Do your beta readers feel your post is the guide to do something or the life-changing piece, one that can’t be missed?

That’s what you want to know.

2. Does the Post Evoke Emotions in You, the Writer?

After you have finished writing, take a break and then read your post – does it give you emotions? Is this post something you want to read on your blog (see #6 in the above list)?

When you detach a bit from your post after writing (at least for a few hours) and then go back to it, read as if you were your reader, wear their shoes – does the post inspire you to take action? Does it push you to do something about the topic at hand? Does it make you feel encouraged or inspired?

I noticed this happens a lot with my own posts: after some time, when I have a problem but I forgot the solution, I go back to the post I wrote and follow my own advice.

When your idea works, and your post works, it works for you, too.

Daniel Ndukwu, founder of The Experiment, sums it up beautifully:

When you’ve been slaving over that post for God knows how many hours and you’ve edited it and edited it to perfection and you read it over one last time and it speaks to you as the writer, it evokes emotions in you even though you crafted every single word on the page. That’s when you know you have a winner.

That’s when you know you’ve struck gold.

3. Do the Mentioned Sources Carry Outreach Potential?

Can you reach out to the experts you quoted (not interviewed) and the sources cited in your post? Are they approachable via email, contact form or social media?

If you have a way to let them know about your post after publication, do so. Not only they will appreciate the gesture, but they might also share your post with their network or mention it on their websites (don’t ask them to do that, though, especially if they are busy people).

Follow my email outreach guide for bloggers here at WHSR for templates and outreach ideas and techniques.

Is your post alright? Hit “Publish”!

What If Your Idea Doesn’t Meet the “Requirements” to Go Viral?

thumb_ideaSo far I have talked about the questions to ask yourself to see if your idea has the potential to go viral before you turn it into a blog post, and how to make sure the blog post itself lives up to that goal.

But… what happens if you went through this guide and the result is that your idea doesn’t have enough potential?

You have two options at this point:

  1. Come up with a new idea and start all over again
  2. Improve your idea until it meets all the “requirements”

I tend to prefer the second. The truth is that every idea can be tweaked to make it reach virality potential:

  • You can expand it if it’s too narrow
  • You can narrow it if it’s too broad
  • You make it experience-based if it’s too generic
  • Your can make it niche-oriented if it’s off-topic

The list could go on and on. The best way to work on your idea is to turn it into a headline and improve this headline until it becomes irresistible.

About that, I recommend you read through Carol Tice’s post Watch Me Write a Headline That Goes Viral where she walks you through the steps to optimizing a headline/idea into one that’s sure to go viral, and she shows you her thought process as she works on it.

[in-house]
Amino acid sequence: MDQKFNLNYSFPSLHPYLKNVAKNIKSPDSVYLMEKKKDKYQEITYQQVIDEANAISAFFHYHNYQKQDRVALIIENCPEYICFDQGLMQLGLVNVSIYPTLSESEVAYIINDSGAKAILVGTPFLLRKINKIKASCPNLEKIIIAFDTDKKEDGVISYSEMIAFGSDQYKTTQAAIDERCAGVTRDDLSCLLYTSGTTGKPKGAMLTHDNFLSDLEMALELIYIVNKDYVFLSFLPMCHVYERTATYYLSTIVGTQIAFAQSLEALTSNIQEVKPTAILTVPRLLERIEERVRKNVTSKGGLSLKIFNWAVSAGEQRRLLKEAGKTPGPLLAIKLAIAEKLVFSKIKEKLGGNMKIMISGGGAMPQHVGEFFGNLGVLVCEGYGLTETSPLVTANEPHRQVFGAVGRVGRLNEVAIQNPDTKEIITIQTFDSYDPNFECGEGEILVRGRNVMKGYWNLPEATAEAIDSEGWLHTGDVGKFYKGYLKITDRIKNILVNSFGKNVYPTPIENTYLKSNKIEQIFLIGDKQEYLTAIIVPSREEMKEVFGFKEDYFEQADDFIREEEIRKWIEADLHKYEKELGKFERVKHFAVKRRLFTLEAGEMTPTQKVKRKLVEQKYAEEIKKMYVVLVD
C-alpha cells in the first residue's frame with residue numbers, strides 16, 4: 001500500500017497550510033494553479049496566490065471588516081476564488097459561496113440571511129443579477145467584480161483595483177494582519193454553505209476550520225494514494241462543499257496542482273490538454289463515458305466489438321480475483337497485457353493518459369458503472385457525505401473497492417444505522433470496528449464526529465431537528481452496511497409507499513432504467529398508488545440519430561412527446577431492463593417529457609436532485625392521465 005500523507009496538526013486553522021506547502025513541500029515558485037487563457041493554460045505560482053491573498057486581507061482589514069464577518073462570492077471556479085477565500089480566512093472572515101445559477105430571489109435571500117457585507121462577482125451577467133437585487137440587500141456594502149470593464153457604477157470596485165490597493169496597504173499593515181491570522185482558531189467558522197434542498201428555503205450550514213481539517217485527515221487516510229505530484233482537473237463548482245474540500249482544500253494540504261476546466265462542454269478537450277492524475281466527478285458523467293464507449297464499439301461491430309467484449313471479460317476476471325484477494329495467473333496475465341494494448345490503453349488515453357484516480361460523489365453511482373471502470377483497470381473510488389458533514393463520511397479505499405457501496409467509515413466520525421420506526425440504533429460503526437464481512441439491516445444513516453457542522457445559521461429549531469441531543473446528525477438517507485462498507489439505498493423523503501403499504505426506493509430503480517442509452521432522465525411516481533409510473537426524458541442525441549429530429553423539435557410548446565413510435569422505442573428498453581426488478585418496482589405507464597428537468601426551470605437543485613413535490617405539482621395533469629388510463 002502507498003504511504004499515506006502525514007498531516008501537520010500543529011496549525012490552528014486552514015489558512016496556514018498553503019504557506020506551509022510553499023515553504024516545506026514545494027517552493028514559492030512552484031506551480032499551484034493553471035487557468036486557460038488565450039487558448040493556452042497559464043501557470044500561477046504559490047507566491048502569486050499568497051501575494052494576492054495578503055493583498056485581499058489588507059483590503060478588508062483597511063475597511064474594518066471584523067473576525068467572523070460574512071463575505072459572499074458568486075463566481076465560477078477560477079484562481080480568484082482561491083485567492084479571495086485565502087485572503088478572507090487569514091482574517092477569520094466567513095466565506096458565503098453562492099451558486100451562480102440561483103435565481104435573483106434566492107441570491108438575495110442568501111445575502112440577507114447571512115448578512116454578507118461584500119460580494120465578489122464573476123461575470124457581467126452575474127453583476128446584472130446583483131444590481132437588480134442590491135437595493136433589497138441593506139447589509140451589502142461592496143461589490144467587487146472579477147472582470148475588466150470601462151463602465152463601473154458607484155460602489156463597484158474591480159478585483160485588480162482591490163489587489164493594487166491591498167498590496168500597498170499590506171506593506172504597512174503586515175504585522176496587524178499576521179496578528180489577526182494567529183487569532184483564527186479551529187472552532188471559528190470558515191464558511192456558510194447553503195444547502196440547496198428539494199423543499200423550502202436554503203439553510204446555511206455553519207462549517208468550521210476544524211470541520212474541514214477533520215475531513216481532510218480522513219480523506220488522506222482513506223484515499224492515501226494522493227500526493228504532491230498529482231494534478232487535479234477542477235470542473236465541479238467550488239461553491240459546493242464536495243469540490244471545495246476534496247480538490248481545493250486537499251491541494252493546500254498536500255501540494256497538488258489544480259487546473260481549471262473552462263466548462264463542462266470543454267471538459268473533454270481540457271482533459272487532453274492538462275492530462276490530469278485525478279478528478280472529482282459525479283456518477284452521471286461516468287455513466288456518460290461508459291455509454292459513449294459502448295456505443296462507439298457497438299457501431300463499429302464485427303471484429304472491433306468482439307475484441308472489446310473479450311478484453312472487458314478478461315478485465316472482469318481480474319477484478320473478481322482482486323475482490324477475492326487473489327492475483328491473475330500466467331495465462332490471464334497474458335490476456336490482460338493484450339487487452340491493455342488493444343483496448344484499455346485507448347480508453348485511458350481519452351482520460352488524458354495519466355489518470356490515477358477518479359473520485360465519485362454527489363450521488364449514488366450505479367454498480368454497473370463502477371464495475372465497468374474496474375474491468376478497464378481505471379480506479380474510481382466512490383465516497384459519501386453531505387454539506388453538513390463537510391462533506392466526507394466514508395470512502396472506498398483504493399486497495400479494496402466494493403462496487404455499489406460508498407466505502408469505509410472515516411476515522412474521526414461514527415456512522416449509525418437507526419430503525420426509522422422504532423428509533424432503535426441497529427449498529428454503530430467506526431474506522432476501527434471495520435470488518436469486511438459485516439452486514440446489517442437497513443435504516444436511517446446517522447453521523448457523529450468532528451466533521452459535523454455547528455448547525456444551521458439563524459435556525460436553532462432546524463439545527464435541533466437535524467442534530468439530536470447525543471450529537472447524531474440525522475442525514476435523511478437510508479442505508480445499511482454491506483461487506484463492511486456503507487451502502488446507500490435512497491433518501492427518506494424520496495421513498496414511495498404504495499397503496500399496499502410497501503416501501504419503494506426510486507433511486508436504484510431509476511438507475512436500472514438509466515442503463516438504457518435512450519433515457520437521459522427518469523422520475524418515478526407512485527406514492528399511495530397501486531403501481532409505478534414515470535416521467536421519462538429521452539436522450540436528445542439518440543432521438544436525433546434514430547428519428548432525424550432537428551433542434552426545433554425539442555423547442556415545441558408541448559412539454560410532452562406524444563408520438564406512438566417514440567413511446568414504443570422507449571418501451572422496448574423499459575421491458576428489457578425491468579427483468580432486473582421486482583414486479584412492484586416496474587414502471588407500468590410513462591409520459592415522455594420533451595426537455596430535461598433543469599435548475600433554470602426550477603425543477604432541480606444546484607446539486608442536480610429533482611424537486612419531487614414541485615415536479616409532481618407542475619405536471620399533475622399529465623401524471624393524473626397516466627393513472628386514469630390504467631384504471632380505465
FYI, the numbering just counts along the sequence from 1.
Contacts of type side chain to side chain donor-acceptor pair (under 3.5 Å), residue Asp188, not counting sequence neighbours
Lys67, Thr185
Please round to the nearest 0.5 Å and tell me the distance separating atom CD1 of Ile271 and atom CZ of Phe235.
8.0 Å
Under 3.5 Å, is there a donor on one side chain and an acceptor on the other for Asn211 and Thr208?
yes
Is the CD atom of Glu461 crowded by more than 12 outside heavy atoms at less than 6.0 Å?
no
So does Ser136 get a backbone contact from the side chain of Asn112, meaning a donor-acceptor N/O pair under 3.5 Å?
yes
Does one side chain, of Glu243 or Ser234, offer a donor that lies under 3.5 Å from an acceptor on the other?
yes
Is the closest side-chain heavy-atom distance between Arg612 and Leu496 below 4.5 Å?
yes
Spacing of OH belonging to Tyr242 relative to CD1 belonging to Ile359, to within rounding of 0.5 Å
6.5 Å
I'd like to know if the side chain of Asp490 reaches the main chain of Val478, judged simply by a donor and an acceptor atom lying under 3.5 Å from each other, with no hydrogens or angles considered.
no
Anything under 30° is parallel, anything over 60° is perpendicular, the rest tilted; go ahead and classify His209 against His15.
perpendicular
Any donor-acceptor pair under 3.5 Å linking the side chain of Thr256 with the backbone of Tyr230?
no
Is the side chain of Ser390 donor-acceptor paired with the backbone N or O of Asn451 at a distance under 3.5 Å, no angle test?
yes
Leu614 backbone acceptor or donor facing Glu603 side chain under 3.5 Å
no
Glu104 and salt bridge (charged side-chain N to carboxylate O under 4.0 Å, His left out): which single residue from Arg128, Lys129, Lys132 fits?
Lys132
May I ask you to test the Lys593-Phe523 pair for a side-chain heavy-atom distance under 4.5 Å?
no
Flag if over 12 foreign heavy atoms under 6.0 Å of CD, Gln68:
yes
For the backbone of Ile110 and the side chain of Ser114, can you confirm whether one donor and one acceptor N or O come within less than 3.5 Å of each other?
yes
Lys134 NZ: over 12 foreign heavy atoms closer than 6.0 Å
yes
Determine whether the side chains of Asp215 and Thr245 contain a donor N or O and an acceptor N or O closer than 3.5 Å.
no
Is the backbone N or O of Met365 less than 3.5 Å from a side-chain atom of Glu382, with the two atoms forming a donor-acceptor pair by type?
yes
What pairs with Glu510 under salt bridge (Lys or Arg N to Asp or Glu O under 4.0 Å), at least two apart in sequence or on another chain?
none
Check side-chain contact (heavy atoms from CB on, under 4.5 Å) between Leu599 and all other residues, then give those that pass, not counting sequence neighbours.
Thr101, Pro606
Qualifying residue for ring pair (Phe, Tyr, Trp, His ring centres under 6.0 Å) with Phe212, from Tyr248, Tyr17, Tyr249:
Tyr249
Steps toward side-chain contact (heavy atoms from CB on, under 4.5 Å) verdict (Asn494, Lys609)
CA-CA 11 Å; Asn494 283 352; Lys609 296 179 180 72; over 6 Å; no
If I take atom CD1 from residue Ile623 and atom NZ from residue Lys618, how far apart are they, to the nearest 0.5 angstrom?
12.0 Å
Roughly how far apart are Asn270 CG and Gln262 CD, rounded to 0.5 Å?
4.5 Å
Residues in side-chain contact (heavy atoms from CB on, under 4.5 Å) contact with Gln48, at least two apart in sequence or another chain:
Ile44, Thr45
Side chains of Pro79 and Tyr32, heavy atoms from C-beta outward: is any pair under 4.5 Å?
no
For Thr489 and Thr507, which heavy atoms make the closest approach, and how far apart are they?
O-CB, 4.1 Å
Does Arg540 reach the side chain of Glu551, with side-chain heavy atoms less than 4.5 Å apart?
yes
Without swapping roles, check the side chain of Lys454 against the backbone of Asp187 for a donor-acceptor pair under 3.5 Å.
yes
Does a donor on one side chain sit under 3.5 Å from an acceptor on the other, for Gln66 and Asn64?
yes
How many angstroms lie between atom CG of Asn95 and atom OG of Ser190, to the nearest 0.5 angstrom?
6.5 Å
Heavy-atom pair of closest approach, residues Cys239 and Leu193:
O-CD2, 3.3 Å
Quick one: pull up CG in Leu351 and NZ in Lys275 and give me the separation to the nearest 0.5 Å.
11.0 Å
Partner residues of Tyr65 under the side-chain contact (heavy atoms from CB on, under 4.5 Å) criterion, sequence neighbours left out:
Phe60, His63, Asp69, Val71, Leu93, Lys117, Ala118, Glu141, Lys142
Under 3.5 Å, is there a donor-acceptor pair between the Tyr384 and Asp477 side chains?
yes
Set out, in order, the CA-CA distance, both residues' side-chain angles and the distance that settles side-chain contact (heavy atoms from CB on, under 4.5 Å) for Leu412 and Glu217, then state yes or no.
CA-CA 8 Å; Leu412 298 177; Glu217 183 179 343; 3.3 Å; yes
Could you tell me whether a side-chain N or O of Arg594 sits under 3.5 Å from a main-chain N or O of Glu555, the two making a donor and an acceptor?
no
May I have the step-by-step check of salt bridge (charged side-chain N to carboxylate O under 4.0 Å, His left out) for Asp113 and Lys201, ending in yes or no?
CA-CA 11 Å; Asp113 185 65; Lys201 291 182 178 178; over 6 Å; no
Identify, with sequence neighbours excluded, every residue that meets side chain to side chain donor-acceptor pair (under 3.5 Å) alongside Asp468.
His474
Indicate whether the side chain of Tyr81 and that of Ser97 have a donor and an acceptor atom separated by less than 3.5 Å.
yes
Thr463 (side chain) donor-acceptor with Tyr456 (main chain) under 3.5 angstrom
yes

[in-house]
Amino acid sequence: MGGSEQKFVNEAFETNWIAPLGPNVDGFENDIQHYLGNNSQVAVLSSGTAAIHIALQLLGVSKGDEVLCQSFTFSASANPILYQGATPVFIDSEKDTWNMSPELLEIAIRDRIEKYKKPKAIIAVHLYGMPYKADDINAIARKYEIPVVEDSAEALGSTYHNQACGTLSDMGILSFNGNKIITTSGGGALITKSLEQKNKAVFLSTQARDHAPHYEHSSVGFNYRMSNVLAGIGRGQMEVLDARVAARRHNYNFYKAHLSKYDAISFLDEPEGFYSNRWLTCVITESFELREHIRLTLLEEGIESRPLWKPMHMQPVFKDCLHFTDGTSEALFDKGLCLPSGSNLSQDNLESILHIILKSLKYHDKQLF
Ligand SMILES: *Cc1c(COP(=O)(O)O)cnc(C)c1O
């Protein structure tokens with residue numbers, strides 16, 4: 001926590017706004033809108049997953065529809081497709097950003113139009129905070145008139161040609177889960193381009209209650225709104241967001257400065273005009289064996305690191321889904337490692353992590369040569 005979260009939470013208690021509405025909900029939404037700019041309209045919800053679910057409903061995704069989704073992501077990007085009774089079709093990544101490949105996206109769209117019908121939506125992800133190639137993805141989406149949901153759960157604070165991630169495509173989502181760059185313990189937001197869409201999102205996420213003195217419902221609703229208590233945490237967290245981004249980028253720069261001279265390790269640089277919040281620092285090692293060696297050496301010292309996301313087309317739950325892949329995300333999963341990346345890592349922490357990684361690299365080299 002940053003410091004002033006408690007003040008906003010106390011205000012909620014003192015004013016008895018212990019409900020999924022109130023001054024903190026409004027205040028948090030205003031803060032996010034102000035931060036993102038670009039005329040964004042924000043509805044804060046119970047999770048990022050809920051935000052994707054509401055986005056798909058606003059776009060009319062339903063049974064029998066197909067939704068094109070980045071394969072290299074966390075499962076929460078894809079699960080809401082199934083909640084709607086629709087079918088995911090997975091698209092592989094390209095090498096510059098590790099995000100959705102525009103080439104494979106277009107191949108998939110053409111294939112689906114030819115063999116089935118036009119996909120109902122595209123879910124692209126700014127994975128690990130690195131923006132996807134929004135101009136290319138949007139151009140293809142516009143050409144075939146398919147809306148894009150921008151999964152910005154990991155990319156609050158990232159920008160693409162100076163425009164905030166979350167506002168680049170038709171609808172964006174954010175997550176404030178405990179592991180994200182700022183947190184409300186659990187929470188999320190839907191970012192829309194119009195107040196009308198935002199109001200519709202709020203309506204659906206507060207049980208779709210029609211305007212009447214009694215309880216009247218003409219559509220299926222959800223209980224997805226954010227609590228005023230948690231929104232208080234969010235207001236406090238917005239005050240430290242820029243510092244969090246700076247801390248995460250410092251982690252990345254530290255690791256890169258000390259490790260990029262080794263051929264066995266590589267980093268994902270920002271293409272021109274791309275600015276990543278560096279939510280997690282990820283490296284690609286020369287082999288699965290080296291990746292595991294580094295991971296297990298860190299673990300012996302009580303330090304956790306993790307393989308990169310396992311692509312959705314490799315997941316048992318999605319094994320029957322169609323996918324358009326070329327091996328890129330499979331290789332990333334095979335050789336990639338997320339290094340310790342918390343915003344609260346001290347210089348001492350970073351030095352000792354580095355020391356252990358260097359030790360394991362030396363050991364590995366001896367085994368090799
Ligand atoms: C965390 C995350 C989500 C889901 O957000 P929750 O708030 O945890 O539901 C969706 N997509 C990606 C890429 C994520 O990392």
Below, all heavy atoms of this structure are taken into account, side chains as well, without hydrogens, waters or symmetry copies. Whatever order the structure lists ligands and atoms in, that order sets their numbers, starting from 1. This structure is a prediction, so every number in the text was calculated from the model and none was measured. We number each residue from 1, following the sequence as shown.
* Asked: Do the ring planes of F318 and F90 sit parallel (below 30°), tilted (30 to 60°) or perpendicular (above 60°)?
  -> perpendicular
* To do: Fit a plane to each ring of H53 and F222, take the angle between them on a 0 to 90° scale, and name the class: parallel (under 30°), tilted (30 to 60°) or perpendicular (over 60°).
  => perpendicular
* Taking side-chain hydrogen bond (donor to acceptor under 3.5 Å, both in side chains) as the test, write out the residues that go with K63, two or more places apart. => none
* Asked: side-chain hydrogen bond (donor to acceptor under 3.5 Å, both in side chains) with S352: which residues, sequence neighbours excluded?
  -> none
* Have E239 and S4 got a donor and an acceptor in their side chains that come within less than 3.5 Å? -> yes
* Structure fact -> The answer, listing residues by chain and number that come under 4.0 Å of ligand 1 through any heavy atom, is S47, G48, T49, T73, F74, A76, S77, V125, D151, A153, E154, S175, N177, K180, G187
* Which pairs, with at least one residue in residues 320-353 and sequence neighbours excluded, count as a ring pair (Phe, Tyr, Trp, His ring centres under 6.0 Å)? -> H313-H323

Another example is the post you are reading: my first idea was to answer the question “how can I know if my idea can go viral?” via a series of resources and expert quotes, but then I realized that would have been yet another round-up post and it would have offended the reader coming to look for an answer to their urgent problem. I worked on my idea until I came up with the six questions that I ask myself when I write for WHSR or my blogs, I edited my headline and… well, you are reading the results of that decision!

Summing It Up…

A blog post idea has potential to go viral when:

  • It resonates with the reader
  • It answers the reader’s most pressing problems
  • You can support it with research
  • It can be expanded with the contribution of experts
  • It inspires trust, it’s engaging and conveys authority
  • It covers all it means to convey
  • It’s something you’d love to read yourself
  • It makes a difference in your reader’s life

Here is how David Leonhardt, president of THGM Writers, puts it:

For the most part, I think a blog post needs three characteristics to go viral:

1. Originality. If it’s been done before, it’s not as likely to attract a lot of attention.

2. A topic of profound interest to one’s audience. Many things are of interest, but some dig pretty deep. My post on health risks faced by writers and bloggers is an example of that – a universal concern.

3. Complete coverage. The topic has to be covered completely and deeply, not just touched upon with a light brush. In some instances, this aspect can also count for originality – the topic might have been covered before by hundreds of other bloggers, but never before in such depth.

Not every post I write will have these three characteristics, and trying do hit a jackpot every time would be very challenging and time-consuming. But it’s worth trying for it every now and then.

Last but not least, coming up with a “perfect” idea and creating a blog post that goes viral doesn’t come without risk, so Jeff Deutsch’s post How to Go Viral (and Not Regret It) at Inbound.org is a must-read to avoid the most dangerous pitfalls.